Adding a Par construct to Python?
jeremy at martinfamily.freeserve.co.uk
jeremy at martinfamily.freeserve.co.uk
Tue May 19 06:57:43 EDT 2009
On 19 May, 00:32, Steven D'Aprano <st... at REMOVE-THIS-
> On Mon, 18 May 2009 02:27:06 -0700, jeremy wrote:
> > However I *do* actually want to add syntax to the language. I think that
> > 'par' makes sense as an official Python construct - we already have had
> > this in the Occam programming language for twenty-five years. The reason
> > for this is ease of use. I would like to make it easy for amateur
> > programmers to exploit natural parallelism in their algorithms. For
> > instance somebody who wishes to calculate a property of each member from
> > a list of chemical structures using the Python Daylight interface: with
> > my suggestion they could potentially get a massive speed up just by
> > changing 'for' to 'par' or 'map' to 'pmap'. (Or map with a parallel
> > keyword argument set as suggested). At present they would have to
> > manually chop up their work and run it as multiple processes in order to
> > achieve the same - fine for expert programmers but not reasonable for
> > people working in other domains who wish to use Python as a utility
> > because of its fantastic productivity and ease of use.
> There seems to be some discrepancy between this, and what you wrote in
> your first post:
> "There would be no locking and it would be the programmer's
> responsibility to ensure that the loop was truly parallel and correct."
> So on the one hand, you want par to be utterly simple-minded and to do no
> locking. On the other hand you want it so simple to use that amateurs can
> mechanically replace 'for' with 'par' in their code and everything will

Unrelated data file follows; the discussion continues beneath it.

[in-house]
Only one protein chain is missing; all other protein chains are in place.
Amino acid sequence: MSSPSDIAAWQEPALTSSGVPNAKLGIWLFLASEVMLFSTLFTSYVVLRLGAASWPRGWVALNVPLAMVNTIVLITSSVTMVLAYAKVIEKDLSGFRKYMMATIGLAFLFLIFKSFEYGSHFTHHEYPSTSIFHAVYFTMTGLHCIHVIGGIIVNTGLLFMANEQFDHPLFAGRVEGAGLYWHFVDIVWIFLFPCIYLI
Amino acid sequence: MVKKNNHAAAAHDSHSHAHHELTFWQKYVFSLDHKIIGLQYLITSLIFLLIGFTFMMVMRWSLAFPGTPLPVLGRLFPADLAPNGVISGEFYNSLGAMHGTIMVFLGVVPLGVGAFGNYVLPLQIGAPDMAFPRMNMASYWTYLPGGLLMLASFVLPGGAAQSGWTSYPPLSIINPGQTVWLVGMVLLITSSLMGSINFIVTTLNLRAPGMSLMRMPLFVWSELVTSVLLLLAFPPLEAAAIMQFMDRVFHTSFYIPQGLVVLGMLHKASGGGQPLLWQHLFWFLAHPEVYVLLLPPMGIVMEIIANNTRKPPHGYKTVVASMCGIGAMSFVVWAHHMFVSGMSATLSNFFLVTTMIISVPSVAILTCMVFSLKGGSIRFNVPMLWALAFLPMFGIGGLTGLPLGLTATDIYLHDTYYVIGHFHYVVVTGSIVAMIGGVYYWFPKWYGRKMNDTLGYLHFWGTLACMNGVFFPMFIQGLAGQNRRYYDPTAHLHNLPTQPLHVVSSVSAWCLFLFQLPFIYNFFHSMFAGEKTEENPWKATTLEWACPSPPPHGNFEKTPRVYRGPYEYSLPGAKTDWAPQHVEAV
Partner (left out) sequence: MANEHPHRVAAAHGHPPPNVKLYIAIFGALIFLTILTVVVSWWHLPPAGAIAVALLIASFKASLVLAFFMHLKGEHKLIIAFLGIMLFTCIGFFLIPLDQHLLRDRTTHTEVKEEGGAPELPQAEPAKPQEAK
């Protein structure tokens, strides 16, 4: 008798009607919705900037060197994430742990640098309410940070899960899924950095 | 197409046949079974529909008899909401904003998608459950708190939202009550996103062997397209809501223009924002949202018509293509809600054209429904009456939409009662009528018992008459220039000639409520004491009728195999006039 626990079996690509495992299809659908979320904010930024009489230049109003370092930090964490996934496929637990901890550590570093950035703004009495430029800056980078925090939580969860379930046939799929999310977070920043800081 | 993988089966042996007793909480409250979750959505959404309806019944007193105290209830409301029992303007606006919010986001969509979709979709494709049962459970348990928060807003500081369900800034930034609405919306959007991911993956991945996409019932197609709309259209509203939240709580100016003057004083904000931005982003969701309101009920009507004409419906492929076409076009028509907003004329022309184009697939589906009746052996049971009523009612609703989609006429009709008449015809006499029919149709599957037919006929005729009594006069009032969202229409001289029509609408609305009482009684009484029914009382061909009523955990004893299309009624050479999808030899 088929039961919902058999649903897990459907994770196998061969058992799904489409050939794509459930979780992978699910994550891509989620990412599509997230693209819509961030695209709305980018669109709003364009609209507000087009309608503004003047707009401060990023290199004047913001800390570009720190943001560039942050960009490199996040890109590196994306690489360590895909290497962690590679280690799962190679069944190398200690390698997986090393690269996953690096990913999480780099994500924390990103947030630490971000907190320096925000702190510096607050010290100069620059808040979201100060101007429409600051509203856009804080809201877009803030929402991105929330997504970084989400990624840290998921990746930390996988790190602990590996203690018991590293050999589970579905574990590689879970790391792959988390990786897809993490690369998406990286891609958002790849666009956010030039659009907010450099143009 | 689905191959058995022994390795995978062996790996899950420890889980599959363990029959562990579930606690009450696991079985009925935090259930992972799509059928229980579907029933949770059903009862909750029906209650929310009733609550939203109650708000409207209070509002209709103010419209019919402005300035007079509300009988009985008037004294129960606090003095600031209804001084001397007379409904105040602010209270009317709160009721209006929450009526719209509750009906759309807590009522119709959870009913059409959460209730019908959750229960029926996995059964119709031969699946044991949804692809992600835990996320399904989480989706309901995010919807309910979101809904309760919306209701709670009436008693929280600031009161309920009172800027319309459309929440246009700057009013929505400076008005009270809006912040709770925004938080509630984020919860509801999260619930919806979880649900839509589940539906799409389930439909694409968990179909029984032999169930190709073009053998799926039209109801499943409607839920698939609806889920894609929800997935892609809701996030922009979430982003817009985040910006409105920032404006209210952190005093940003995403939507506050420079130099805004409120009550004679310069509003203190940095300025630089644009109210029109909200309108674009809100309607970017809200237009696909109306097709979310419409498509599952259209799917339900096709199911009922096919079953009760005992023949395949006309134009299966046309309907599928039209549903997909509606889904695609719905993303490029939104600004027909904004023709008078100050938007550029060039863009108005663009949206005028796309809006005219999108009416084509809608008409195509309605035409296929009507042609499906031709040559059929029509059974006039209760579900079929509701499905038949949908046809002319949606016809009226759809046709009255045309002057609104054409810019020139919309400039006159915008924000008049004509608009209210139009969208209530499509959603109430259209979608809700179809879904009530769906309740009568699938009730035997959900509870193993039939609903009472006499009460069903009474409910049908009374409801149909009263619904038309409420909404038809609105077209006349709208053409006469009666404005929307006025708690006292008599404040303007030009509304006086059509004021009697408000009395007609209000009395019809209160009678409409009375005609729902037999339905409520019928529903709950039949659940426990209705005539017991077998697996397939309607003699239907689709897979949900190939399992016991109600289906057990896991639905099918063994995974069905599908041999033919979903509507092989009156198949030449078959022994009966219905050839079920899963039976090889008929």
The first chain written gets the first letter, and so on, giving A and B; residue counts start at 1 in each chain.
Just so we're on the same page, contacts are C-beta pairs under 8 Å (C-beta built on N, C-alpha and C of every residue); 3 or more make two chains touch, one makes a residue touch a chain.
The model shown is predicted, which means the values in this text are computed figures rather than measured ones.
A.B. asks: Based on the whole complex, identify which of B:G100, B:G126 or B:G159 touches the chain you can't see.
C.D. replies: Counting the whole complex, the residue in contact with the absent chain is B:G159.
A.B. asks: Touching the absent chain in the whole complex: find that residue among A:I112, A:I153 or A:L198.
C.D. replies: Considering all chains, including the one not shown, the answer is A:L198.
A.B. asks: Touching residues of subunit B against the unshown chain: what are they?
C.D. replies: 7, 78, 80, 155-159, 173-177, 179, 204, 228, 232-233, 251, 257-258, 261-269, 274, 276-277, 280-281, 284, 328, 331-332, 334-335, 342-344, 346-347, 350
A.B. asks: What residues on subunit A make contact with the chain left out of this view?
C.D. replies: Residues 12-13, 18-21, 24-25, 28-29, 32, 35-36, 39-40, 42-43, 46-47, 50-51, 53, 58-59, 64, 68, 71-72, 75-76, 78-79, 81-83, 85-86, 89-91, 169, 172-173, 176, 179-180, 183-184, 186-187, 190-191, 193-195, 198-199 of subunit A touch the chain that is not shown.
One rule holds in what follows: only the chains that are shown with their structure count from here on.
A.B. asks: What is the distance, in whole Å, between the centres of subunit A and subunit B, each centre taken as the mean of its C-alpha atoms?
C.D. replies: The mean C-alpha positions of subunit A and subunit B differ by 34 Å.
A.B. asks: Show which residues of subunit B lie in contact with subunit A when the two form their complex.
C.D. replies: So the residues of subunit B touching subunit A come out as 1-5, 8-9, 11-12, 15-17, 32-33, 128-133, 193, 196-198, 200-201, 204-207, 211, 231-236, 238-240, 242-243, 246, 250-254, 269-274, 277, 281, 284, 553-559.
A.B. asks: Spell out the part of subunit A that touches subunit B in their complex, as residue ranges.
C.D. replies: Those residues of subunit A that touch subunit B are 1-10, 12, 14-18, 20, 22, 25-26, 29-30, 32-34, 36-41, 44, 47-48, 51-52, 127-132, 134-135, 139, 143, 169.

> Just Work, no effort or thought required. But those two desires are
> Concurrency is an inherently complicated problem: deadlocks and race
> conditions abound, and are notoriously hard to reproduce, let alone
> debug. If par is simple, and does no locking, then the programmer needs
> to worry about those complications. If you want programmers to ignore
> those complications, either (1) par needs to be very complicated and
> smart, to do the Right Thing in every case, or (2) you're satisfied if
> par produces buggy code when used in the fashion you recommend.
> The third option is, make par really simple and put responsibility on the
> user to write code which is concurrent. I think that's the right
> solution, but it means a simplistic "replace `for` with `par` and your
> code will run faster" will not work. It might run faster three times out
> of five, but the other two times it will hang in a deadlock, or produce
> incorrect results, or both.
> you want it so simple to use that amateurs can mechanically replace 'for' with 'par' in their
> code and everything will Just Work, no effort or thought required.
Yes I do want the par construction to be simple, but of course you
can't just replace a for loop with a par loop in the general case.
This issue arises when people use OpenMP: you can take a correct piece
of code, add a comment to indicate that a loop is 'parallel', and if
you get it wrong the code with no longer work correctly. With my 'par'
construct the programmer's intention is made explicit in the code,
rather than by a compiler directive and so I think that is clearer
As I wrote before, concurrency is one of the hardest things for
professional programmers to grasp. For 'amateur' programmers we need
to make it as simple as possible, and I think that a parallel loop
construction and the dangers that lurk within would be reasonably
straightforward to explain: there are no locks to worry about, no
message passing. The only advanced concept is the 'sync' keyword,
which would be used to rendezvous all the threads. That would only be
used to speed up certain codes in order to avoid having to repeatedly
shut down and start up gangs of threads.
More information about the Python-list